When I first picked up this book I wondered if it was going to be one of those character-driven novels where there is a lot of talking, very little actually going on, and by the end of which you're wondering what is it exactly you've just read. I am not too big of a fan of those. But "A Simple Thing" turned out to focus both on the characters and on plot. From the very first chapter it was obvious that Susannah is a woman who is not afraid to act, even if fear is what propels her. She, as well as her children, made things happen, and I liked that about them as much as I liked that Susannah recognized her mistakes and was willing to correct her course when necessary. She may seem flighty to some, but to me she is a woman figuring it out as she goes, and I feel that this makes her relatable for most people. Betty, the second protagonist, is her antipode in many ways, a solid, sure woman who makes plans and follows them, even if she realizes later on that she has made a mistake somewhere. The blurb on the back cover suggests that both Susannah and Betty undergo a transformation but I found this misleading. Suzannah is the one discovering herself and while Betty's story often mirrors that of the younger woman she has already recovered from the pain of her past and is now there to sympathize, listen, and provide a gentle nudge in the direction of healing. There are a few good messages woven into this novel, and one of my favorites is the one that talks about the necessity of nurturing oneself. We forget about that much too frequently and it really is a universal truth that applies to both men and women, although women are the ones who need reminders most frequently. Susannah getting in touch with her artistic side after a hiatus of many years was the turning point of the book for me, echoed by Betty's recollection of the time whine she remembered that she was more than just a woman who took care of everything and everyone. The parallels between these two women's lives were eery at times, and while they are very different people their stories somehow anchored each other, showing that no matter how different the people the same principles of recovery apply.For the most part this was a very enjoyable book filled with interesting characters (Barefoot stole every scene he was in and Katie definitely made things interesting with her indomitable spirit) and sage advice on subjects such as guilt, responsibility, knowing when to hold on and when to let go, and it worked for me until almost the very end when a dramatic event seemed to be too over the top to fit in with the rest of the story while remaining its climax. That chapter was well-written but it was just too much for me, although it did help Susannah put a lot of things in perspective and move forward with her life. Throughout the book this was a relatively subtle story with the struggle mostly internal and turning it almost into an adventure story at the eleventh hour seemed incongruent.A friend offered me an ARC of this book when she somehow got two copies and I'm glad that she did. It is a solid novel and I won't hesitate to pick up other novels by Kathleen McCleary should I happen upon them.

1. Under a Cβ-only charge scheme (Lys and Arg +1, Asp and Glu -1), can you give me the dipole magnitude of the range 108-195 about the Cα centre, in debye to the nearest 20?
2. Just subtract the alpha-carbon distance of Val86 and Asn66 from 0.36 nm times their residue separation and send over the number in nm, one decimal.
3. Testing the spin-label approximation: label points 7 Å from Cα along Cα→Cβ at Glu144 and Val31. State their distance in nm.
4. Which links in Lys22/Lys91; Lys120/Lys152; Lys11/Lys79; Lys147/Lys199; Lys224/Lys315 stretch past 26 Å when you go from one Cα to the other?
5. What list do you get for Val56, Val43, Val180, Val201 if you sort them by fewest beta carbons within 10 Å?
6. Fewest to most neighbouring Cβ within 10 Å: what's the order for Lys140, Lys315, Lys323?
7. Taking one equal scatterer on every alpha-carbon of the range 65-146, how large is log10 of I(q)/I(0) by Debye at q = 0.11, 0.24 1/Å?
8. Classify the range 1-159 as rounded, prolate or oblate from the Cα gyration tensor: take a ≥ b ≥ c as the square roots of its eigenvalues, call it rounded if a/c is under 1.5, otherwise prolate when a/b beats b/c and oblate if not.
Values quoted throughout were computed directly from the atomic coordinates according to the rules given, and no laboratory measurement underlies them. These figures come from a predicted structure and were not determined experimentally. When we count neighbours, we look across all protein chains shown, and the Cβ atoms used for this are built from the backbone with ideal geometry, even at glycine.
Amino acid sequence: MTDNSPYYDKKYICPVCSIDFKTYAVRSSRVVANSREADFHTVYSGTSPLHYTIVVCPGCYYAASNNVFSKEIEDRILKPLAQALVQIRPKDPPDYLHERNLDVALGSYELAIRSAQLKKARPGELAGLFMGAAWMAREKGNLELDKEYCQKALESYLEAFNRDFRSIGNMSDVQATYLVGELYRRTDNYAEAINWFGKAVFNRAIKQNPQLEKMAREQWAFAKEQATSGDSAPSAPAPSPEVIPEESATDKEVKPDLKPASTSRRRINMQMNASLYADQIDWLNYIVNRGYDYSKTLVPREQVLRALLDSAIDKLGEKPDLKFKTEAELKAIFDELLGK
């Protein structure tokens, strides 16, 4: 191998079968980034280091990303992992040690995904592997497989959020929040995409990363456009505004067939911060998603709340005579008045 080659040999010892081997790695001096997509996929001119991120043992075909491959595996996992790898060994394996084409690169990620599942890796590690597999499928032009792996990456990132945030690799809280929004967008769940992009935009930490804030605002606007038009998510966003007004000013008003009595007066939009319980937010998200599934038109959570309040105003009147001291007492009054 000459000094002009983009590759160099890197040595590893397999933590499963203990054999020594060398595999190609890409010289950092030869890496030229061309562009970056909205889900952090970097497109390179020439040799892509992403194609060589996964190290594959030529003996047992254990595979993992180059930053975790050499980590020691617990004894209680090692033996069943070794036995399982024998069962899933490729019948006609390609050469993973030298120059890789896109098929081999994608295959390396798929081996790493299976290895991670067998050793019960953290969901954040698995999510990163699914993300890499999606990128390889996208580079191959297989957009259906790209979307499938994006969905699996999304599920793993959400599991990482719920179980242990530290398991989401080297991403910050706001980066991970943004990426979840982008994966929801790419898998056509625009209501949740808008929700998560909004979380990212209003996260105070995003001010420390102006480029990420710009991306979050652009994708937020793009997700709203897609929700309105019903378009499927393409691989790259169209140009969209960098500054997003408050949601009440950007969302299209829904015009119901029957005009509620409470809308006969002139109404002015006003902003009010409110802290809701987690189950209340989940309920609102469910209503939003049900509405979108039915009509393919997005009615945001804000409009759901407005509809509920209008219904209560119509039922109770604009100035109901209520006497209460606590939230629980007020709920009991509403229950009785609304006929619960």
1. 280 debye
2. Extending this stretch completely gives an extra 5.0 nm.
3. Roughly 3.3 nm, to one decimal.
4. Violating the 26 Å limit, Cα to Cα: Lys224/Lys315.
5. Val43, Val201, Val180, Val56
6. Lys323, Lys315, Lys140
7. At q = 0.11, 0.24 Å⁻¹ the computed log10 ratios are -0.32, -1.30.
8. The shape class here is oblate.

• (4/5)
    I don't read a lot of domestic fiction. Too often it's about the problems of suburban housewives/mommies or families with a much higher than average income and I just don't really relate having been neither of those categories. I was an urban mommy and have never had a stratospheric income. I decided I was interested in A Simple Thing because the story sounded different and also because it takes place on one of the San Juan Islands - one of my favorite places in the Pacific Northwest. As I child I was in a camp at the Seattle Zoo and one of thing things we got to do was go camping for a weekend in the San Juans and I've never forgotten the experience.A Simple Thing did not disappoint. A good read with issues of anxiety, mourning, death, learning to trust, marriages ending or renewing, a new awareness of self threaded throughout. I loved that there were two stories here - that of Susannah and of Betty. The friendship that develops between the two women in the book and the ways their stories intertwined really works for the reader. They both gave me some things to think about. Highly recommended.
  • (4/5)
    This book, while a quick read, is so similar to all the other books out there: parents who just don't get along anymore, kids who are troubled, a move to the middle of nowhere to save the marriage, the kids, the sanity, etc. and then something life changing happens and everything is suddenly all better.As I said before the book was a quick and entertaining read, but nothing really noteworthy or unique.
  • (4/5)